The energy transition relies on ensuring certainty of revenue

All-Energy 2022 was an opportunity to build on the progress made at COP26 and to set out a route map for the UK achieving net zero targets. A key focus I noted at this year’s conference was offshore wind, and this has prompted me to reflect on the sector’s achievements to date in the UK and its future ambitions.

A core thought has been that the UK, specifically Scotland, is clearly the world leader in generating electricity from offshore wind, but why is the UK ahead of countries with similar conditions for offshore wind i.e. New Zealand?

The UK is the world leader in generating electricity from offshore wind, boasting seven of the world’s 10 largest offshore wind sites. In 2020, around 13% of the UK’s electricity generation was from offshore wind. In December 2020, the UK Government announced its ambition for the UK to deploy 40 gigawatts (GW) of offshore wind by 2030, an increase of 30GW. Last month it raised its ambition to 50GW by 2030. That goal is expected to deliver £60 billion of investment and 40,000 jobs by 2026.

The offshore wind sector in Scotland has continued to deliver large developments such as Moray East, which completed this year, and the Kincardine Offshore development, which has been important in demonstrating the future economic viability of floating offshore wind. Earlier this year, Crown Estate Scotland awarded just under 25GW of projects under its ScotWind leasing allocation, approximately 15GW of which will be floating. This is welcome news as the allocation of floating wind represents a huge uplift of Scotland’s ambition to be a global leader in this technology. Until now, the offshore wind industry has focused on projects with fixed seabed foundations, restricting the viability of most offshore projects in the shallower waters off our coasts.

The ScotWind offshore wind leasing round in 2021 was the first in Scottish waters for a decade, after the rights were devolved to Scotland in 2017. It had been hoped that the 2021 ScotWind leasing round may result in projects for 10GW, but after evaluating 74 bids, a massive 25GW of offshore wind project development rights were awarded. To put this in context, in 2020, 6GW of offshore wind generation was commissioned worldwide.

Reflecting on why the UK is ahead of countries with similar conditions for offshore wind, it is clear it is because the UK Government has ensured certainty of revenue for developers.

The UK implemented a Contracts for Difference (CfD) scheme that has succeeded in creating a competitive platform attracting investment and driving down costs. The scheme subsidises the first 15 years of a development project (most have an estimated 25-year life cycle).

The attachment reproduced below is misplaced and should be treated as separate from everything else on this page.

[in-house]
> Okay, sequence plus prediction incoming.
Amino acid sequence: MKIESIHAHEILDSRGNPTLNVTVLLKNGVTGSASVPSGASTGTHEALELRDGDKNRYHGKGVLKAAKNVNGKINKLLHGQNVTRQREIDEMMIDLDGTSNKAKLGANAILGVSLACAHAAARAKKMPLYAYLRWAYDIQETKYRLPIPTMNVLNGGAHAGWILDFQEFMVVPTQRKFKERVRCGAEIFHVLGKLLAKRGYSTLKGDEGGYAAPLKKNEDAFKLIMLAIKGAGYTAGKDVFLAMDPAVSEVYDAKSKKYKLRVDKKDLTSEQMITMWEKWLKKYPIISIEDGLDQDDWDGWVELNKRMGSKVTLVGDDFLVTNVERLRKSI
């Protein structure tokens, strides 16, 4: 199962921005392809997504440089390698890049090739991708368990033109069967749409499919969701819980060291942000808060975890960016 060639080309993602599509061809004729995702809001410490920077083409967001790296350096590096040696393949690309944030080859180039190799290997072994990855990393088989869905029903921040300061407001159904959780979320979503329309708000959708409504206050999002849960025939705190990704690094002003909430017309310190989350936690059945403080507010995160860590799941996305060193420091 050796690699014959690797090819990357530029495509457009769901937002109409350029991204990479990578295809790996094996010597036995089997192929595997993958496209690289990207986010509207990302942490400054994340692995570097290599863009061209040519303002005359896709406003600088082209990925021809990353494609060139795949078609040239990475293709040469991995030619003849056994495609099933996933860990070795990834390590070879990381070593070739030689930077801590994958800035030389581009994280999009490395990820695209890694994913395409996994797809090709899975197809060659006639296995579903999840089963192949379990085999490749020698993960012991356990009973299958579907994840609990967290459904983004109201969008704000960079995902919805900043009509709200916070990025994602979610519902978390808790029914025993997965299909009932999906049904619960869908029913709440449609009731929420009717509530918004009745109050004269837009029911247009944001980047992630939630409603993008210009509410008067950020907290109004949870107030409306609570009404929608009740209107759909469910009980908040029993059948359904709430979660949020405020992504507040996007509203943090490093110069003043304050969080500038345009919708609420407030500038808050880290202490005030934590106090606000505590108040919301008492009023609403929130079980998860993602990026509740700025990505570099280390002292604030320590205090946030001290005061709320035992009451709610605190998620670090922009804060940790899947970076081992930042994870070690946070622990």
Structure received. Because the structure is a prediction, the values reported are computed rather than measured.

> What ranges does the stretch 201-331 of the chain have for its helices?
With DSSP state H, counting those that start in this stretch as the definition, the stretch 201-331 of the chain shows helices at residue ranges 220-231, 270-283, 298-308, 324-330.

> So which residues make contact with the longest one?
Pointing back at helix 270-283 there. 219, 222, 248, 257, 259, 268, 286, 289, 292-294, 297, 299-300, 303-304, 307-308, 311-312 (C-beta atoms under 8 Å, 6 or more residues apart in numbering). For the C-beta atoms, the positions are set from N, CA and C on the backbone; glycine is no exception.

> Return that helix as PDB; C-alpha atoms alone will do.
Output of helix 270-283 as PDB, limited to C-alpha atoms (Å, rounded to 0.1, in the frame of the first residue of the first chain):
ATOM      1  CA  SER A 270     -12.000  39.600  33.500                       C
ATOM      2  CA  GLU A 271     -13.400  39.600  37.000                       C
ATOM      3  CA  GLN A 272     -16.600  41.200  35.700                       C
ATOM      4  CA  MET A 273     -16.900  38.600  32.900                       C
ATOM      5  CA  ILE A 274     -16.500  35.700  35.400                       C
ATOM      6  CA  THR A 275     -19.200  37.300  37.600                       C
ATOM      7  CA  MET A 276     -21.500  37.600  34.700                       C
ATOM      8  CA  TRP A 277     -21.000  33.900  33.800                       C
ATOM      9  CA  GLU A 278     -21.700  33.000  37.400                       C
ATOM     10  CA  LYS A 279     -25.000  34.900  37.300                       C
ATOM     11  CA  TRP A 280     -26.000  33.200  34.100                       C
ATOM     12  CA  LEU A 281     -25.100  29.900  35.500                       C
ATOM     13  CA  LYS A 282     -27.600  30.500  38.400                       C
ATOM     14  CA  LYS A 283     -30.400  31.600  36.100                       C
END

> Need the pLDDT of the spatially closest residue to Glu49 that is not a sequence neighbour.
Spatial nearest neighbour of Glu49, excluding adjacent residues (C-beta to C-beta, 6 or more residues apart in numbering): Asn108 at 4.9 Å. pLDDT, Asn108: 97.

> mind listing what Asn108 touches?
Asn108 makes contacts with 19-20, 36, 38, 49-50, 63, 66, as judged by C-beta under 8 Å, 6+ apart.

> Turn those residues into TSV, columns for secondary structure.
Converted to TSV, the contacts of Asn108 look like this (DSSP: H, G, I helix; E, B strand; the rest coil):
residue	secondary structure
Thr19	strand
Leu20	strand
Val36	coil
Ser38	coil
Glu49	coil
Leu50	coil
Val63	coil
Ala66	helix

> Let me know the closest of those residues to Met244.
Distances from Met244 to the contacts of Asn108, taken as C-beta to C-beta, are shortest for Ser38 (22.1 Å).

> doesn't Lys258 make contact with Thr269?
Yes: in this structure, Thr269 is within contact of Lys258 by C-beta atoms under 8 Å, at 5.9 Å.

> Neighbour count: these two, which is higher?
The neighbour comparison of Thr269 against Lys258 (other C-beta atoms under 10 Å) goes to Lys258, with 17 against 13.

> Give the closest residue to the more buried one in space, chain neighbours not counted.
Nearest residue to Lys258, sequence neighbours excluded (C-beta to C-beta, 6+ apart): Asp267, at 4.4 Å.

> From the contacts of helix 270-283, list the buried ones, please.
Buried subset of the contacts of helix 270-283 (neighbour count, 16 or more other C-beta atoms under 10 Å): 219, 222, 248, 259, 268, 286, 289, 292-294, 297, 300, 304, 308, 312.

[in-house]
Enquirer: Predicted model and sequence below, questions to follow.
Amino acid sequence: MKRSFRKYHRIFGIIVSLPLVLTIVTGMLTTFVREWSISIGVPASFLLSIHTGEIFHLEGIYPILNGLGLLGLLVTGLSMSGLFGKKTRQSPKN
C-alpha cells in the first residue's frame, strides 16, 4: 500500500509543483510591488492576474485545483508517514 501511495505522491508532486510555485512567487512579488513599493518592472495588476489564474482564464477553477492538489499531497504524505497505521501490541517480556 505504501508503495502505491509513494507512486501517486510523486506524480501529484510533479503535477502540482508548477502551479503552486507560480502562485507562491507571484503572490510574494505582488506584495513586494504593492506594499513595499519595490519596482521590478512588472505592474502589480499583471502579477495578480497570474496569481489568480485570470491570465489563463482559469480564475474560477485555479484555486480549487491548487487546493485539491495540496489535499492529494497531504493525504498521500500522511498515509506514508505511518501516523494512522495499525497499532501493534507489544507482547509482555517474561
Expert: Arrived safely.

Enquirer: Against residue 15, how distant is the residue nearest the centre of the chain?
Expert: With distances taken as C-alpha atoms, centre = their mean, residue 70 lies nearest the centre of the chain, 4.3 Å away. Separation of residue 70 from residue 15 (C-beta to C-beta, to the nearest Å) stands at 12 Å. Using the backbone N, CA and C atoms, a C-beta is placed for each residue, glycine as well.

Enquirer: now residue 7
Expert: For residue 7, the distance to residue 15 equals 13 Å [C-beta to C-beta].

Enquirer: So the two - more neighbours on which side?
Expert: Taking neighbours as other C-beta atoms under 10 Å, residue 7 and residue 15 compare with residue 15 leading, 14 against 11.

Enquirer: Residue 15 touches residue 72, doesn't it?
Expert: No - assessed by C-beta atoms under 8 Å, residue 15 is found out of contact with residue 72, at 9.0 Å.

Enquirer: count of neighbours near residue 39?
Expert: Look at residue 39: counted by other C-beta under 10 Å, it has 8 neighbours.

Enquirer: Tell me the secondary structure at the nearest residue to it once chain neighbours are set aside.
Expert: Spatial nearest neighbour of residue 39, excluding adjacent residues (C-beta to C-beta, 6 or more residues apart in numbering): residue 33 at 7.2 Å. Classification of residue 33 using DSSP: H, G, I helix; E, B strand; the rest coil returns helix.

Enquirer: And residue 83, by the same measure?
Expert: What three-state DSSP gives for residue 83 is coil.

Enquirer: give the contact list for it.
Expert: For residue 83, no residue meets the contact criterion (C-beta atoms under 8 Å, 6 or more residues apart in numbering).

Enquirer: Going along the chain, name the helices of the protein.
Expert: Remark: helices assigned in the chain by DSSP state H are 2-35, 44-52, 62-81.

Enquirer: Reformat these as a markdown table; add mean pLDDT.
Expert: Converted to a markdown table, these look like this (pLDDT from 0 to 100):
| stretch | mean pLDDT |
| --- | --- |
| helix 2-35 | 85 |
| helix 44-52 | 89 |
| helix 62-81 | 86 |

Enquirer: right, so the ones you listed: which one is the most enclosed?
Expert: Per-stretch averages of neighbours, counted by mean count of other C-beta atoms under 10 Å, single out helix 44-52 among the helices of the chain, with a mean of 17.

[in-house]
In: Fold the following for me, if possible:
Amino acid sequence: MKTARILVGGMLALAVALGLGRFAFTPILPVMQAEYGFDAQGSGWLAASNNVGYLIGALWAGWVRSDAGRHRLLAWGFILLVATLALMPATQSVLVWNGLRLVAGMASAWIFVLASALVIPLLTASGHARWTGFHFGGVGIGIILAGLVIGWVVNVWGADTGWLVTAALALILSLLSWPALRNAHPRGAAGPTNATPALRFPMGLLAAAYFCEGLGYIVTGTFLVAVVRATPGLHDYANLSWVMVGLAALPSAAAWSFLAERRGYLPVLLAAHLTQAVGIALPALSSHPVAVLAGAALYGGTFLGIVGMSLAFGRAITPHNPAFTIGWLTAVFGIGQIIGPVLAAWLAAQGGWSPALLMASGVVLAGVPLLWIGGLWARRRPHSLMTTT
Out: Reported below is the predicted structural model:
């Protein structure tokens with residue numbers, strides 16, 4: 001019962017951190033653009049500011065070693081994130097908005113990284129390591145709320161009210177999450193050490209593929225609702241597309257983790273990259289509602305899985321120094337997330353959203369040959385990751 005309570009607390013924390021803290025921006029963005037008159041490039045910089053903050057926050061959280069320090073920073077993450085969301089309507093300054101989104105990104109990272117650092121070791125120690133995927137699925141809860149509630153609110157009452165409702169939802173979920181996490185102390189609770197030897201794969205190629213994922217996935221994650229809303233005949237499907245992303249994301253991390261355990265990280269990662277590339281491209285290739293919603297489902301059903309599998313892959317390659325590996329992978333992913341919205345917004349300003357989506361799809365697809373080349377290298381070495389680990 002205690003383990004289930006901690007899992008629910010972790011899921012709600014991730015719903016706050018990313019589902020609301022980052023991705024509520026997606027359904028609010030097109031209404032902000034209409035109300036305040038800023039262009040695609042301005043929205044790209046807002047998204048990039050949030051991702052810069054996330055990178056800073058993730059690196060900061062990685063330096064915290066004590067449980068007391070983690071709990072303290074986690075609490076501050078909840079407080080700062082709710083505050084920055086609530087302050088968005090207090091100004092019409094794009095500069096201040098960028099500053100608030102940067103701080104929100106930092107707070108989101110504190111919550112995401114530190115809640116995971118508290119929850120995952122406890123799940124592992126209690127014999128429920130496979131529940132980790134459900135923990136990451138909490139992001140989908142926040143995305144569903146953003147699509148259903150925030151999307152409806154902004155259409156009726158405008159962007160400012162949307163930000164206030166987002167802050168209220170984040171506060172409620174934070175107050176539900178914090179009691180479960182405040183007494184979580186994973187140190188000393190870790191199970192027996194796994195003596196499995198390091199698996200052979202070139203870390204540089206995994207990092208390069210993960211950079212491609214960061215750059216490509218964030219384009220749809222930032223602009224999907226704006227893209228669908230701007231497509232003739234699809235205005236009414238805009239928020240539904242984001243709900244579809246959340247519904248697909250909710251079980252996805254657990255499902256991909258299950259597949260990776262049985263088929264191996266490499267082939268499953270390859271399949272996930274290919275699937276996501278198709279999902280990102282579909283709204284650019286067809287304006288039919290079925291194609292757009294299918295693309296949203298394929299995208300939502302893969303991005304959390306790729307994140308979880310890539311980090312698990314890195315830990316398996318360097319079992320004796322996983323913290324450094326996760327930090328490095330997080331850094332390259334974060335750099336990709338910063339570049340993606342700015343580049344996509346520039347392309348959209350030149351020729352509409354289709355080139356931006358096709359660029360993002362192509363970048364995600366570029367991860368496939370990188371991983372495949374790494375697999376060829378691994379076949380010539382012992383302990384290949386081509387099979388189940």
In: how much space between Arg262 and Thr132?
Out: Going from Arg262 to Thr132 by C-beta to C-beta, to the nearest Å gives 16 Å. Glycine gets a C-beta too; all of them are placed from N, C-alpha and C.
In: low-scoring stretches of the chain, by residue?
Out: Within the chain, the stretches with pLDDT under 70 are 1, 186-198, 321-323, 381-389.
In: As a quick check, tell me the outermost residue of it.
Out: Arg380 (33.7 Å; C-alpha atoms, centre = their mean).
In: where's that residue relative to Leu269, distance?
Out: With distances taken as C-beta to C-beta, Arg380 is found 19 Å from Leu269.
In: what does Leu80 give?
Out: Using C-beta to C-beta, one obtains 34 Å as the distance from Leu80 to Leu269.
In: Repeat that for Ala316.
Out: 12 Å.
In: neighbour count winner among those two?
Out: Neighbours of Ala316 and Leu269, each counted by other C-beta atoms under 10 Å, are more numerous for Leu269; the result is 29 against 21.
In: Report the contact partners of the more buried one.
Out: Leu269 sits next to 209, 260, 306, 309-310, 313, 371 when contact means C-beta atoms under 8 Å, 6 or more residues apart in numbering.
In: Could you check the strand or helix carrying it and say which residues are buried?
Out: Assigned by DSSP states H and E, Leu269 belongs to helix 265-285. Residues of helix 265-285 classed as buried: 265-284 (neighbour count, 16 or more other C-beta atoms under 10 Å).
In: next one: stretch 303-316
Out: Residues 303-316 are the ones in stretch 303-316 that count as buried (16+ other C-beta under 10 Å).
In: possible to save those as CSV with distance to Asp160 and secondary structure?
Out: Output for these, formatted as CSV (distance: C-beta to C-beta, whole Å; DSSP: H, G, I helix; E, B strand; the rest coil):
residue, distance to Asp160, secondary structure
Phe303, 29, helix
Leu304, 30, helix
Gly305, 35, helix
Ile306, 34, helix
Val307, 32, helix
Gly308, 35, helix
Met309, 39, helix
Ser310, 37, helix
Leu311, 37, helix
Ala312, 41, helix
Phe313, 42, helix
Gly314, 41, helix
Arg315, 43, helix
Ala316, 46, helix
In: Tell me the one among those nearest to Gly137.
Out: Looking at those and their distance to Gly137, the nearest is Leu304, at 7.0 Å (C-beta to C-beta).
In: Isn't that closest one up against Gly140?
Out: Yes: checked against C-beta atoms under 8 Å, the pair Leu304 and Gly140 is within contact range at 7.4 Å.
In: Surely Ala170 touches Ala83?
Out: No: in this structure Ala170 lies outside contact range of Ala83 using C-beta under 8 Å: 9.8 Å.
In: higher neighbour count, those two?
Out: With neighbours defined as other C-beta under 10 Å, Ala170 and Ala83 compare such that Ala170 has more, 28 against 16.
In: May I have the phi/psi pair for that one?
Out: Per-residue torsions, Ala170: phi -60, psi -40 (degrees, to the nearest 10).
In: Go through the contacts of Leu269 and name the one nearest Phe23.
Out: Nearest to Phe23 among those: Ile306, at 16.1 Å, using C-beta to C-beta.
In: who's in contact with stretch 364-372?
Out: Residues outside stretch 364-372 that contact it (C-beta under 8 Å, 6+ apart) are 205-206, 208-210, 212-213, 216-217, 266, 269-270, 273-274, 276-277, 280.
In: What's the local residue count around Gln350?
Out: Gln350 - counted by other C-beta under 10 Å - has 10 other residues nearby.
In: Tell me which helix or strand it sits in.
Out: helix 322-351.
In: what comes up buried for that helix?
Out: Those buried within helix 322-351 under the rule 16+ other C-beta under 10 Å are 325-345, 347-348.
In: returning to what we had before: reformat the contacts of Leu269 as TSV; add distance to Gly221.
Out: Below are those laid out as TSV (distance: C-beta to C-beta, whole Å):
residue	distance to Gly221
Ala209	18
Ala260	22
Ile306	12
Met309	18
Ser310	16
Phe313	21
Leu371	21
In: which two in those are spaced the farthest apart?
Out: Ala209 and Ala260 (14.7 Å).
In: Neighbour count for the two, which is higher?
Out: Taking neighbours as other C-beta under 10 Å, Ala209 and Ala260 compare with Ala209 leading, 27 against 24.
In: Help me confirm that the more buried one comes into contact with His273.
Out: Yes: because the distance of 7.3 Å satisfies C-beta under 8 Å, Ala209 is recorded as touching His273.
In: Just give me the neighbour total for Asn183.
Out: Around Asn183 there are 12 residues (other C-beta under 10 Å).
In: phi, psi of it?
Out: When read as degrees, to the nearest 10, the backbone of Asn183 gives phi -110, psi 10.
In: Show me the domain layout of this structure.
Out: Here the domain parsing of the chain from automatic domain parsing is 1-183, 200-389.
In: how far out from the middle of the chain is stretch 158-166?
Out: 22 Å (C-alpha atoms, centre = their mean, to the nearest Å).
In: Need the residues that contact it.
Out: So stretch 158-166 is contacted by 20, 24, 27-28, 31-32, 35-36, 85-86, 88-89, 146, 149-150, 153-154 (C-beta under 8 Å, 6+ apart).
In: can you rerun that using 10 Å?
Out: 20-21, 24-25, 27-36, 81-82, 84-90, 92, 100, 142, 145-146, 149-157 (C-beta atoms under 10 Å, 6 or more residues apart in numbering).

CfDs are contracts between the Low Carbon Contract Company (LCCC) and renewable power project developers which provide a contract providing for the developer to receive a payment equal to the amount by which the energy price falls below a “strike price” (a figure bid by a developer in the CfD auction process) and make a payment, if the energy price is above the strike price.

The CfD scheme is the government’s primary mechanism for supporting low-carbon electricity generation. It incentivises investment in renewable energy by providing developers with greater certainty of revenue and reduced exposure to wholesale price fluctuations through 15-year contracts. So far, CfDs have supported around 16 GW of new low-carbon electricity capacity, and have proved successful in driving down the per unit price of offshore wind by approximately 65% since the first auctions were held.

The recent offshore wind auctions in Holland and Germany have been ‘subsidy-free’. The fact that only two bidders competed in the Dutch leasing round may be an indication of investor sentiment to that model.

Ensuring certainty of revenue for developers has been key to the success of offshore wind in the UK, and it provides a lesson on how we can encourage the energy transition we all desire.

As the deployment of offshore wind projects ramps up as a result, the question of how future UK offshore wind sites are connected to the grid is now becoming increasingly important. A complete overhaul of our grid has been established through the UK Government’s Energy White Paper, and the Offshore Transmission Network Review has an ongoing remit to find solutions to decarbonise more quickly while meeting and maintaining a stable and efficient grid. As a consequence, we are likely to see the largest change to our grid since the privatisation in the early 1990s. It is likely that considerable pressure will be placed on authorities responsible for the grid to speed up the opportunities for further offshore wind deployment.

Tom's Hot Take: The energy transition relies on governments ensuring certainty of revenue

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